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How to Trim Movies on Your Nikon D5500

Step by Step / Updated 03-27-2016

You can do some limited movie editing in camera on the Nikon D5500. Limited editing is emphasized here. You can trim frames from the start of a movie and clip off frames from the end, and that’s it. To eliminate frames from the start of a movie, take these steps:

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Controls on Your Nikon D5500 Camera

Article / Updated 03-26-2016

The Nikon D5500 is a great camera for all your photography needs. If you're not familiar with the Nikon D5500, here's a quick guide to its buttons, dials, and other external controls. Next, take a look at the controls that you will find on the back of your Nikon. It’s a good idea to locate the flash and function buttons, as you will probably use these frequently. Also, make sure you check out the sides of your camera for some important storage access.

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Customizing the Picture Controls on Your Nikon D5500

Article / Updated 03-26-2016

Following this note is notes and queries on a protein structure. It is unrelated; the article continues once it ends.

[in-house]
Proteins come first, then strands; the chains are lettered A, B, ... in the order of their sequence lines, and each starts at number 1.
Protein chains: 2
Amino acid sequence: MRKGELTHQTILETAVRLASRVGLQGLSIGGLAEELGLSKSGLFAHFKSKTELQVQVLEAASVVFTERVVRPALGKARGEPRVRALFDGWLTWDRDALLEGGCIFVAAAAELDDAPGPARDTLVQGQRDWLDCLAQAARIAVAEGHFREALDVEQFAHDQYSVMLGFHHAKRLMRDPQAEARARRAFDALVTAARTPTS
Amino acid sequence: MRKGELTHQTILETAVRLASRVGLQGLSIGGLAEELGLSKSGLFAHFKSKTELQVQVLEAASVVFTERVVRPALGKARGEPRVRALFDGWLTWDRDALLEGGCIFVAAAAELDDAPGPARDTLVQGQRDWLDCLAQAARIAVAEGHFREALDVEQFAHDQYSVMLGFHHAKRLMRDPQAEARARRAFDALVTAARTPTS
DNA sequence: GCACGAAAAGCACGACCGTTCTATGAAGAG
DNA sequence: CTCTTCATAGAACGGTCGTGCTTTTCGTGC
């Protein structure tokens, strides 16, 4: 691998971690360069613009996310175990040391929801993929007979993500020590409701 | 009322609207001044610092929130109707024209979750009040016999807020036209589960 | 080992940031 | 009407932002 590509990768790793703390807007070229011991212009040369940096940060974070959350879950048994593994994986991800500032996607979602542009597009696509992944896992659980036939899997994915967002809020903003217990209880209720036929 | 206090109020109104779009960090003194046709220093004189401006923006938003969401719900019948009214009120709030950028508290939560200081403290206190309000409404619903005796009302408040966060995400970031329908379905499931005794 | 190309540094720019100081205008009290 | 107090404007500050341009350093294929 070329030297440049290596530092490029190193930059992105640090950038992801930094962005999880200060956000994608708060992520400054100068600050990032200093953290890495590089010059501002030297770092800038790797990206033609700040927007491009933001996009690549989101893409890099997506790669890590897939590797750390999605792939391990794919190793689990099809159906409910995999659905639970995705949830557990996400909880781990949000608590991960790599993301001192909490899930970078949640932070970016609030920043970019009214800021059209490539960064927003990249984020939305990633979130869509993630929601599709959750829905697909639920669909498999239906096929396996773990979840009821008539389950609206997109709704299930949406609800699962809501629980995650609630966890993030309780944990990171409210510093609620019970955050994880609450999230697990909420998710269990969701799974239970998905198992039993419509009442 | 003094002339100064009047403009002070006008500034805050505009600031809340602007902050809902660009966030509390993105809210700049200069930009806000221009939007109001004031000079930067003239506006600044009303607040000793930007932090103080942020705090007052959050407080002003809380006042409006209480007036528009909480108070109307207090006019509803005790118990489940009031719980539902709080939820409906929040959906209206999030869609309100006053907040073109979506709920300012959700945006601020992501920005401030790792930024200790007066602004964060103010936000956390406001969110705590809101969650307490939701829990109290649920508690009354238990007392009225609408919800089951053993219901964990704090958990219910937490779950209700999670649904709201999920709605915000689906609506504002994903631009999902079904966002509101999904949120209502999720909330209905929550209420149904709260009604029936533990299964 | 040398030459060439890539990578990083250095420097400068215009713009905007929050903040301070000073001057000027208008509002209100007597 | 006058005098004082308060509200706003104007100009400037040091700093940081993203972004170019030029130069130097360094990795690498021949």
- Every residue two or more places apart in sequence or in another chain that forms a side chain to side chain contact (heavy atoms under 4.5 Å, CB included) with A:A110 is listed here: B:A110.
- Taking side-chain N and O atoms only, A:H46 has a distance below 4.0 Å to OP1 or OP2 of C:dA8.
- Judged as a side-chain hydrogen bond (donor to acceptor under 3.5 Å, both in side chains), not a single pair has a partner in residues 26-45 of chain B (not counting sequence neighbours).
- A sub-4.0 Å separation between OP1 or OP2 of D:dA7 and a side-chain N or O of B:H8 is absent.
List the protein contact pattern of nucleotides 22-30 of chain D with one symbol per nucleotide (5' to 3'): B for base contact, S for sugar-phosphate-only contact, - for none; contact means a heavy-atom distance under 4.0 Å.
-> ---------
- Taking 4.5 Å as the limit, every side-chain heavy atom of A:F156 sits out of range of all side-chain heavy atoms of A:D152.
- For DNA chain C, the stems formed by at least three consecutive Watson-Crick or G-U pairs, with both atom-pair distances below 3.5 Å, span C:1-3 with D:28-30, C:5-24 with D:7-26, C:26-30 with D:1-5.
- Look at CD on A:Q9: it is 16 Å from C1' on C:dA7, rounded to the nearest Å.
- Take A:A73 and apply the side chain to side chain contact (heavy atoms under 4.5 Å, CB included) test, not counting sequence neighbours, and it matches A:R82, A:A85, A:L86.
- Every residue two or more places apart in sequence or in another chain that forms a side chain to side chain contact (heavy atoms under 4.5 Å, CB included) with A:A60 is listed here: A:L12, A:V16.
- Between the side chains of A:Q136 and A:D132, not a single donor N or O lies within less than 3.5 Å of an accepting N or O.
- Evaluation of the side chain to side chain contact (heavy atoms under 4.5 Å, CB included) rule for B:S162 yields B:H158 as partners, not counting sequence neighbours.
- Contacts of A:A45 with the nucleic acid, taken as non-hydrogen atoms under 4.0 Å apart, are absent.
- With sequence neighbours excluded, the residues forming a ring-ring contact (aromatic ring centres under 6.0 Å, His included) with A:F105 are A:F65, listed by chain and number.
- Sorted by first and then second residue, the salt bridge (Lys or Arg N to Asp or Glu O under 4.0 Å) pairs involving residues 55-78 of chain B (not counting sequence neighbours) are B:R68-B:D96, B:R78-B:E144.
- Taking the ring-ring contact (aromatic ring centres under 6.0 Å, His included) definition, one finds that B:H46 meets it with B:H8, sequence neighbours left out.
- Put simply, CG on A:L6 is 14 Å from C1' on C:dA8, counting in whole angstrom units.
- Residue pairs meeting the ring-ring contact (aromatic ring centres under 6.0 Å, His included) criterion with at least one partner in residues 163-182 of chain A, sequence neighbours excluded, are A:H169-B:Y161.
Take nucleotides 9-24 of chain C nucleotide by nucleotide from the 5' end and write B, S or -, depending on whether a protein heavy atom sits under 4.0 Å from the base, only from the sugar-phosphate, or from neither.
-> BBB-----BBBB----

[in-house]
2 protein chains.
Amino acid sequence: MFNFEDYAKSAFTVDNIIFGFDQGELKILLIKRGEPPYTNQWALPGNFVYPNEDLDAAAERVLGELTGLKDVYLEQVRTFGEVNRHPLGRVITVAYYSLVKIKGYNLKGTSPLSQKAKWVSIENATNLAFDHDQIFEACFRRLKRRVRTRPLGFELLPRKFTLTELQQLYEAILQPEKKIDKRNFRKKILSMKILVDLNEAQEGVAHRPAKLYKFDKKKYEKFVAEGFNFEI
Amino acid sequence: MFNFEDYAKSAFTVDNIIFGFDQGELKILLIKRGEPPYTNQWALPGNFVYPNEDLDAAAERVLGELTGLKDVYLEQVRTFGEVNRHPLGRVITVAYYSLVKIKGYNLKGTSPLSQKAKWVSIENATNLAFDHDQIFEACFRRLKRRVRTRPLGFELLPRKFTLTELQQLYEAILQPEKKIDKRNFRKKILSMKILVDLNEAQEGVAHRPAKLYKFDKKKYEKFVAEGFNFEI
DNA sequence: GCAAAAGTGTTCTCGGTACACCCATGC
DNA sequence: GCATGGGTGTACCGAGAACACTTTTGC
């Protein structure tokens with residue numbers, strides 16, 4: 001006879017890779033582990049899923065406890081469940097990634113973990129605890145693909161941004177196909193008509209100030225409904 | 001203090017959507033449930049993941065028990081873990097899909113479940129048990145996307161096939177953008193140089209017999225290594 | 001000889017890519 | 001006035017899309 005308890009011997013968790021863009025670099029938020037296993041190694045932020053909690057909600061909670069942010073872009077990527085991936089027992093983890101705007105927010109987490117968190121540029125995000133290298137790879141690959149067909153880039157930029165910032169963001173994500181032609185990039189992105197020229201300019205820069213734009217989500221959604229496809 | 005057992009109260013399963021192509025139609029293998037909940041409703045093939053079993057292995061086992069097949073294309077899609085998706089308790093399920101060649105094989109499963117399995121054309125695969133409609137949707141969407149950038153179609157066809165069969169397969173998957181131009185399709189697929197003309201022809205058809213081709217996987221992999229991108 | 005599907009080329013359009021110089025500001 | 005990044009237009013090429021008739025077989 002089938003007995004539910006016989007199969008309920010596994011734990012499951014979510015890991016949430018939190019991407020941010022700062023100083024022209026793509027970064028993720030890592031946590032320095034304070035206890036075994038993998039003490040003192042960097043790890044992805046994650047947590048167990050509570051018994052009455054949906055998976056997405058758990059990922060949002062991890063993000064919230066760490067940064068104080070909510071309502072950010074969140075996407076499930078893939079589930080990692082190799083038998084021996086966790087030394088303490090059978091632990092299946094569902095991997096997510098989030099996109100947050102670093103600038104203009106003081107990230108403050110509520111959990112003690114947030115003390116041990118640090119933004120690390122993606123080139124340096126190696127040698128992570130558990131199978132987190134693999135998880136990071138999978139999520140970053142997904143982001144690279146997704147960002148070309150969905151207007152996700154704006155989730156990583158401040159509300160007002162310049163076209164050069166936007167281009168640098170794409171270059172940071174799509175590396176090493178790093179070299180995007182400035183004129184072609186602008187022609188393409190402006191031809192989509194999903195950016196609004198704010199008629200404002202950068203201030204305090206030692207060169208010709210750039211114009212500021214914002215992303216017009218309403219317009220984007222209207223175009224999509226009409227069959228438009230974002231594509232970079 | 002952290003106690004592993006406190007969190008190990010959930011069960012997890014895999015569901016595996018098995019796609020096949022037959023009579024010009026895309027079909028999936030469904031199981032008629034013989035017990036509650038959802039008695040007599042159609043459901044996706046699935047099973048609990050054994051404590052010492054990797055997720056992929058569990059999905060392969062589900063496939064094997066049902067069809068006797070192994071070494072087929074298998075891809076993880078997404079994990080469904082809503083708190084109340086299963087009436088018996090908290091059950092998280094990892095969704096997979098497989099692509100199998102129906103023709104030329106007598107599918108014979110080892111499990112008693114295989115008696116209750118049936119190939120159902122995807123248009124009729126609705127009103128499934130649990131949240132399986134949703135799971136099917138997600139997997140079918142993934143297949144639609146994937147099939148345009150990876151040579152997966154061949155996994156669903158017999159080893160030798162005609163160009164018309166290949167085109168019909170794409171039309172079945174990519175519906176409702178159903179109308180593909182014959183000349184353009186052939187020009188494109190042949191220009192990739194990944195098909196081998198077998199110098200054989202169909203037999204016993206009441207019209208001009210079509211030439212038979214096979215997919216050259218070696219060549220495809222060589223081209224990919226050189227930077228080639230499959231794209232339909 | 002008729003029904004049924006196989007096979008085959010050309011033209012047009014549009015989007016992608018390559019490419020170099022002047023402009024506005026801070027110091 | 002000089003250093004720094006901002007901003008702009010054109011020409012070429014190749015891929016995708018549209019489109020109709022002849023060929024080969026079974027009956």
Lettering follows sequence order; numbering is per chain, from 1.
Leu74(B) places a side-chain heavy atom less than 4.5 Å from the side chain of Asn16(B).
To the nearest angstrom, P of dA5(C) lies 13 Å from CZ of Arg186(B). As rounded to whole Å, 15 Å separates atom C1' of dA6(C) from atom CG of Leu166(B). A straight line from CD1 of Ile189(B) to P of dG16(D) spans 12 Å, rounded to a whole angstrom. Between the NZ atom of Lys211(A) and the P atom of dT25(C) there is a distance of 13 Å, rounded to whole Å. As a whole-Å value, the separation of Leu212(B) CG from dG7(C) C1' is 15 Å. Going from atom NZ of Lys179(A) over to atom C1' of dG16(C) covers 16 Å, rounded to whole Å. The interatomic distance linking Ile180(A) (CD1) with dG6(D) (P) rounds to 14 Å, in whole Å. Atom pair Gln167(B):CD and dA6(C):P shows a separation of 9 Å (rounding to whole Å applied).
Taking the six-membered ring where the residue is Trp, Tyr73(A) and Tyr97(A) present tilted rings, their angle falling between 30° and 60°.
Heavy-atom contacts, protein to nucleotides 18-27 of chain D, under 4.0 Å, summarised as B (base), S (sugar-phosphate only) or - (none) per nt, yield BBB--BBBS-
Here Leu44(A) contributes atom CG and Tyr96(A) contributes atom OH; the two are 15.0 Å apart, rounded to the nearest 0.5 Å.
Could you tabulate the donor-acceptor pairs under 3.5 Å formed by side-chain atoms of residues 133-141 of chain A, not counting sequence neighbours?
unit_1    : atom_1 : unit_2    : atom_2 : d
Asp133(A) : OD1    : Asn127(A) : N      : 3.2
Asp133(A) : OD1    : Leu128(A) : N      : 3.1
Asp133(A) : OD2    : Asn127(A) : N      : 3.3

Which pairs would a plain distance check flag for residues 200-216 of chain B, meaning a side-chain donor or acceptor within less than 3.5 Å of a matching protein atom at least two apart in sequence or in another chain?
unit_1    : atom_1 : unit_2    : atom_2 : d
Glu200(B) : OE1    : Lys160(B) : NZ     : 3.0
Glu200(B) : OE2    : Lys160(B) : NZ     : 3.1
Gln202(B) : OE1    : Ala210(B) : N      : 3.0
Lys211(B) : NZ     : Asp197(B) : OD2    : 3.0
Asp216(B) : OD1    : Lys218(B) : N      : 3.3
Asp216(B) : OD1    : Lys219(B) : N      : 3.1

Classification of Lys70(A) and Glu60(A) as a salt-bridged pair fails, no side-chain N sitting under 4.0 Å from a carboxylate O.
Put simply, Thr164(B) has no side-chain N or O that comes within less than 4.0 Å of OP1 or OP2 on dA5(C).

Your Nikon D5500 offers a choice of seven Picture Control settings, each of which applies different color, sharpness, and contrast. If you can't find a Picture Control that suits your needs, you can create a custom Picture Control. Follow these steps: Set the Mode dial to P, S, A, or M. These are the only exposure modes that enable you to select or modify a Picture Control setting. Open the Shooting menu and choose Set Picture Control from the Shooting menu. Select the Picture Control, such as Landscape, you want to modify. Tap the Adjust symbol or press the Multi Selector right. You see the screen shown containing sliders that you use to modify the Picture Control. Which options you can adjust depend on the Picture Control. Modify the settings as you see fit. You can change the setting by rotating the Command dial or pressing the Multi Selector right or left. To set the option to Automatic (the camera chooses the right level of adjustment), press the Zoom In button or tap the button that shows a magnifying glass plus the letter A. A few pointers: Some Picture Controls offer the Quick Adjust setting, which enables you to easily increase or decrease the overall effect of the Picture Control. A positive value produces a more exaggerated effect; set the slider to 0 for no adjustment. The Monochrome Picture Control offers Filter Effects options that vary the way various colors are rendered in black-and-white. The Yellow, Orange, and Red filters enhance contrast, with Yellow producing the minimum effect and Red, the strongest. The Green filter, which is designed for portraits, softens skin tones. Reset all options to their defaults by pressing the Delete button or tapping the Reset icon. Tap OK or press the OK button to wrap up. An asterisk appears next to the edited Picture Control on the menu and in the Information and Live View displays to remind you that you have adjusted the settings. Consider these steps as just a starting point for playing with Picture Controls. Through the Manage Picture Control option on the Shooting menu, you can create and store your own Picture Controls. Serious Picture Control enthusiasts should also investigate the Picture Control Utility, a separate software tool you can download from the Support section of the Nikon website. Complete details are found in the electronic version of the camera manual, also available for download. You can read the manual in Adobe Acrobat or any other program that can open PDF files. The paper manual contains only basic operating instructions, and Picture Controls didn't make the cut.